I'm not so sure CNS burnout will be a problem, at least for the squat. Benching 3x a week maybe. But if the Bulgarians, Broz and others have shown anything, it's that the body can eventually adapt to tremendous amounts of stress. Louie Simmons always writes that you need to change the exercises to avoid CNS burnout, but I'm more convinced that the conjugate system's benefits in regards to CNS management has to do with the new variation each week keeping you more at a training max than a true 1RM. Lift up to a daily max as others noted above and I don't think your CNS will kill you on the program.

It's not just 8 training sessions a week, from everything I've read those guys were training everyday, with as many as 6 training sessions per day, and banging out two max effort training sessions with just 30 minutes of rest between. They lifted so often that it didn't matter they were always working up to singles, the volume was still insane. Now they built up this capacity over time, but remember this build up started when they were very young.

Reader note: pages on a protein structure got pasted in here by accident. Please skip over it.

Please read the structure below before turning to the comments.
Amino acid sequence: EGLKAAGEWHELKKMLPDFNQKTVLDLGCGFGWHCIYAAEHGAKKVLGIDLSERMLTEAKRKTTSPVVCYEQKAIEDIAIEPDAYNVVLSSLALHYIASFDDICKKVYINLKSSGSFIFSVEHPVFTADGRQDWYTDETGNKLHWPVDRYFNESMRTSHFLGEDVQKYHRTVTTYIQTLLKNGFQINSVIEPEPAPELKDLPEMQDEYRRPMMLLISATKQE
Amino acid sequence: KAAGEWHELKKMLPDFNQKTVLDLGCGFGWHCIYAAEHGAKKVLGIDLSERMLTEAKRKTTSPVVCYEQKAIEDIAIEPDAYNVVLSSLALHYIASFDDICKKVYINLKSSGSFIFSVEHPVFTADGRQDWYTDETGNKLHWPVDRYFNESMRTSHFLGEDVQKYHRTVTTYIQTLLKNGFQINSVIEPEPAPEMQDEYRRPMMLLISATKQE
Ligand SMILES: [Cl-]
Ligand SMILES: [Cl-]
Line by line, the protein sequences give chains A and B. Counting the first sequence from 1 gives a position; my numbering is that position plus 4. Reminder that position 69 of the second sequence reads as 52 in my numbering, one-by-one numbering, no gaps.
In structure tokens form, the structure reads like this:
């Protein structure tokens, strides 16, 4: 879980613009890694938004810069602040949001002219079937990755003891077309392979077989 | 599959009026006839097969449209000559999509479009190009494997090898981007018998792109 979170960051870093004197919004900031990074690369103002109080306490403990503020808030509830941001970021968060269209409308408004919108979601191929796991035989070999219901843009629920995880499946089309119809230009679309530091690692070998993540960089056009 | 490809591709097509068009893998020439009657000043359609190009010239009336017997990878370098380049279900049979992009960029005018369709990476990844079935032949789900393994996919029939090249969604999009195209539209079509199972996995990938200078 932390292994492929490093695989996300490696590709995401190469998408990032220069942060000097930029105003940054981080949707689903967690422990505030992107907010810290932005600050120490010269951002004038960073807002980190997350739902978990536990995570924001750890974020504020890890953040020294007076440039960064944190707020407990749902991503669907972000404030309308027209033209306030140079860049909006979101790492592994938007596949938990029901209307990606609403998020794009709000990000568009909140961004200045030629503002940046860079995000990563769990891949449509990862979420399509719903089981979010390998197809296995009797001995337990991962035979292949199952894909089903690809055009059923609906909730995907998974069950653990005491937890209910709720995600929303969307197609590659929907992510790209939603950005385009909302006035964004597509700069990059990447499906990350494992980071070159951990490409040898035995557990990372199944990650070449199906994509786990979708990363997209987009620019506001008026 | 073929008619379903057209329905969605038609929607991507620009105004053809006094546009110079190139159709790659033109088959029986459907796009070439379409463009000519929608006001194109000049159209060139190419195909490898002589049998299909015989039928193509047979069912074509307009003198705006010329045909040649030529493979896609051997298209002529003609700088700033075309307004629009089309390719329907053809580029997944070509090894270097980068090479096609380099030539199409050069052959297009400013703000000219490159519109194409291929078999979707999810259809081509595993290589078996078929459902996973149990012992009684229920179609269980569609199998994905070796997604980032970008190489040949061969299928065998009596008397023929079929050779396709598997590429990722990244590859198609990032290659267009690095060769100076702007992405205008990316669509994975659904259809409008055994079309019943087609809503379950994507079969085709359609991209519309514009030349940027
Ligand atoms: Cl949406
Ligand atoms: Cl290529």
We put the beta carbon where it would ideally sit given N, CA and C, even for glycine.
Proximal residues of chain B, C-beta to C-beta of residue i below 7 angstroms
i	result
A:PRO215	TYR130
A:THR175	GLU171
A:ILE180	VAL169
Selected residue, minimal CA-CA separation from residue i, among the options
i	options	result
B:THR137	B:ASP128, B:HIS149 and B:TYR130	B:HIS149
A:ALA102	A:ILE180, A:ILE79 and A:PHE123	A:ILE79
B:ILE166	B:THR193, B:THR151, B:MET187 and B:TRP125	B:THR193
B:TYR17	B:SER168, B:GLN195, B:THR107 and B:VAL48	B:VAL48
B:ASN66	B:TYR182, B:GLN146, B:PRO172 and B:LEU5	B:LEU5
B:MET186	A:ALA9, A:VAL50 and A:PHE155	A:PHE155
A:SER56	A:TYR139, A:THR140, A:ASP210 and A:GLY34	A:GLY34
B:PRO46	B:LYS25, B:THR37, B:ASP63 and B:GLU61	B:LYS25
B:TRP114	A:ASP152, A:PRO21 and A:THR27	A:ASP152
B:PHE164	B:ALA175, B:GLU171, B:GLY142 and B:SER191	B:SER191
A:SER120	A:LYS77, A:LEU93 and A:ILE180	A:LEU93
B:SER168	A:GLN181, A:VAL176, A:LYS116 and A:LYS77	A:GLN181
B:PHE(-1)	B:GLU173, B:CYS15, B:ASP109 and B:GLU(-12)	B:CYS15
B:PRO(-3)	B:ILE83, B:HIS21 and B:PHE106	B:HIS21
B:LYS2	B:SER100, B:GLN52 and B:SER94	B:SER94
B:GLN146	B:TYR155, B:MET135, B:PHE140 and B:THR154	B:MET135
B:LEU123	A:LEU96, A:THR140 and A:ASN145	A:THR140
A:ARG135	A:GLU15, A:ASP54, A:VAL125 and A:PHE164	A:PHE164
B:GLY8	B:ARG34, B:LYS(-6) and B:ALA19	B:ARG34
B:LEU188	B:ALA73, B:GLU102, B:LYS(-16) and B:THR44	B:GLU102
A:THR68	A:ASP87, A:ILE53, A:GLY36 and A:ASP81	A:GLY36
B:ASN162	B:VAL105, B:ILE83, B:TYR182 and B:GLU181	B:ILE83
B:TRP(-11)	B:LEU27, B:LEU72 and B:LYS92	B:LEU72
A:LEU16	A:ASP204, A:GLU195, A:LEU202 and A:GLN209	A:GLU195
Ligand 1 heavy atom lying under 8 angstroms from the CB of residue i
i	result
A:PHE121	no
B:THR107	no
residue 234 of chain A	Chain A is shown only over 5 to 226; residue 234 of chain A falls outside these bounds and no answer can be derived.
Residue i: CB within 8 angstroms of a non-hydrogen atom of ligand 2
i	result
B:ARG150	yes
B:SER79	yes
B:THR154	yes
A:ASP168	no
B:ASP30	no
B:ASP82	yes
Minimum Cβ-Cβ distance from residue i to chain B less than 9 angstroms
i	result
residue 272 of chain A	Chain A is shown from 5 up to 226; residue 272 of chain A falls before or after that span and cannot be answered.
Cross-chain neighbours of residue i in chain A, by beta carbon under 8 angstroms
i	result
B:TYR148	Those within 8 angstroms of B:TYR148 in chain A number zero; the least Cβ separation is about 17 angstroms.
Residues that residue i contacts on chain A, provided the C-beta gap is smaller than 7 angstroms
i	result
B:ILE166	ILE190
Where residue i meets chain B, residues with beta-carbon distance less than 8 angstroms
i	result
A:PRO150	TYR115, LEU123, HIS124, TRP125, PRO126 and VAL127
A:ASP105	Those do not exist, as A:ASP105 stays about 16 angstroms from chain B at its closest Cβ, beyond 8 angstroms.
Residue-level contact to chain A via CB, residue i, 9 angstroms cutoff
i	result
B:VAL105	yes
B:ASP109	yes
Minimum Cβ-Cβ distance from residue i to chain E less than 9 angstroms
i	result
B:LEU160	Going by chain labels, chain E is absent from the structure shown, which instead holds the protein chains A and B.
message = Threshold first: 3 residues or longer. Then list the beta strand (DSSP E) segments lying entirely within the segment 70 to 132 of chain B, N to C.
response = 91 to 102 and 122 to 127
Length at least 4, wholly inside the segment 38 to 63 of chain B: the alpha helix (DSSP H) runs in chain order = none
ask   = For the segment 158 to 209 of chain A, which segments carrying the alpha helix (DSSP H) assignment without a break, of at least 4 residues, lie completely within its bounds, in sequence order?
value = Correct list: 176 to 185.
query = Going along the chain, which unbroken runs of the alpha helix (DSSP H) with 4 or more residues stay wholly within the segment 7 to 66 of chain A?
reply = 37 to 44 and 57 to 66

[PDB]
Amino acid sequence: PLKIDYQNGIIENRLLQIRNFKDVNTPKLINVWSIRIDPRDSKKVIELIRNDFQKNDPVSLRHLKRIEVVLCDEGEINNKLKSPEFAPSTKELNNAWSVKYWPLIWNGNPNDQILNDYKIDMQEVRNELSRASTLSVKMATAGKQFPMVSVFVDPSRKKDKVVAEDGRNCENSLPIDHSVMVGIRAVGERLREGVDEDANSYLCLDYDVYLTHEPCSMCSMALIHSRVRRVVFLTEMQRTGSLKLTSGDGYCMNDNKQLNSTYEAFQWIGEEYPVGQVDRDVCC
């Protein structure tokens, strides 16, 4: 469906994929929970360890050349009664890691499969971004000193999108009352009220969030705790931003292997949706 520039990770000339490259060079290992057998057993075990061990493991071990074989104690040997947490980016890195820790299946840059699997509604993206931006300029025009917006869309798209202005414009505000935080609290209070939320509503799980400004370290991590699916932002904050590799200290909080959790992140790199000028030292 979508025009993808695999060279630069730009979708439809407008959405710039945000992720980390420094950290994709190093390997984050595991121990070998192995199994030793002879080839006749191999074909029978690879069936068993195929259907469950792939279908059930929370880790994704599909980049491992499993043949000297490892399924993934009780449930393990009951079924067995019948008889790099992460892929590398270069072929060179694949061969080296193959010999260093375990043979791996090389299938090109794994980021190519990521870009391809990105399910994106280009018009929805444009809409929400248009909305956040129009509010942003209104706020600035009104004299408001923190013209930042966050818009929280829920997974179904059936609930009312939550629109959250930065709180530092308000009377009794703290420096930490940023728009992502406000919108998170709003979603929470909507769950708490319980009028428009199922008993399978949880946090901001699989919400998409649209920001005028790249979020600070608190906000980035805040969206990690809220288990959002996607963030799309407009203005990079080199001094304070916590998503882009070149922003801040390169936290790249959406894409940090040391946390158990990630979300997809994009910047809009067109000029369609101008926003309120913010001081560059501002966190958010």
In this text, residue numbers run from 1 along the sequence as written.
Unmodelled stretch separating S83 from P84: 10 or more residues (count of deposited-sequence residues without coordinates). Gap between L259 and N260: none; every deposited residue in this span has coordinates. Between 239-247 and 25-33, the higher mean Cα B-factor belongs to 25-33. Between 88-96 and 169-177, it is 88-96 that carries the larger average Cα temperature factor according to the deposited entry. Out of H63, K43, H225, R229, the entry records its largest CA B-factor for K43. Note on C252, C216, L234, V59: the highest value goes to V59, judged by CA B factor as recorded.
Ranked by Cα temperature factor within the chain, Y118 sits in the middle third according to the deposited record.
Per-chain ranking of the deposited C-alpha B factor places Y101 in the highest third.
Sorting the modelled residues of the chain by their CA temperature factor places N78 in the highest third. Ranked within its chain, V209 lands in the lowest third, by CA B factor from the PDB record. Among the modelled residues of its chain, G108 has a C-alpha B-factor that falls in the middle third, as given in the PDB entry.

The last thing to keep in mind is the type of person it took to succeed under the Bulgarian system. They took only the most gifted -- those who had the ideal body types and strength at a young age. Even then, with all other aspects of their life taken care of (food, house, work, etc.), with tons of rest and sleep each day, most burnt out and only a few made it. And it's safe to say at this point that they all had access to more PEDs than Ryan Braun and Barry Bonds combined.

I'm not saying a system based on the Bulgarian method can't work, but I don't think it would be very successful training 3x a week and basing your system off the Bulgarian idea of always maxing out.


#8

Thanks for the input guys. Like I said before, the program is still very basic and still needs modification before I can embark on it.

Eric Talmant currently uses a modified Bulgarian program done 3x a week. He has shared some ideas about the program and I've more or less added them into the regimen in the OP. However, he has not told me everything about it and I'm forbidden(by Eric) from telling anyone here the details he's discussed with me.

As far as using conjugate periodization, I have done so in the past but it helped the classical lifts very little even though I was using exercises beneficial to the raw lifter like deficit pulls, cambered bar board presses, front squats etc. I respond better to high frequency of the main lifts though that's not to say I'm ruling out the use of variants.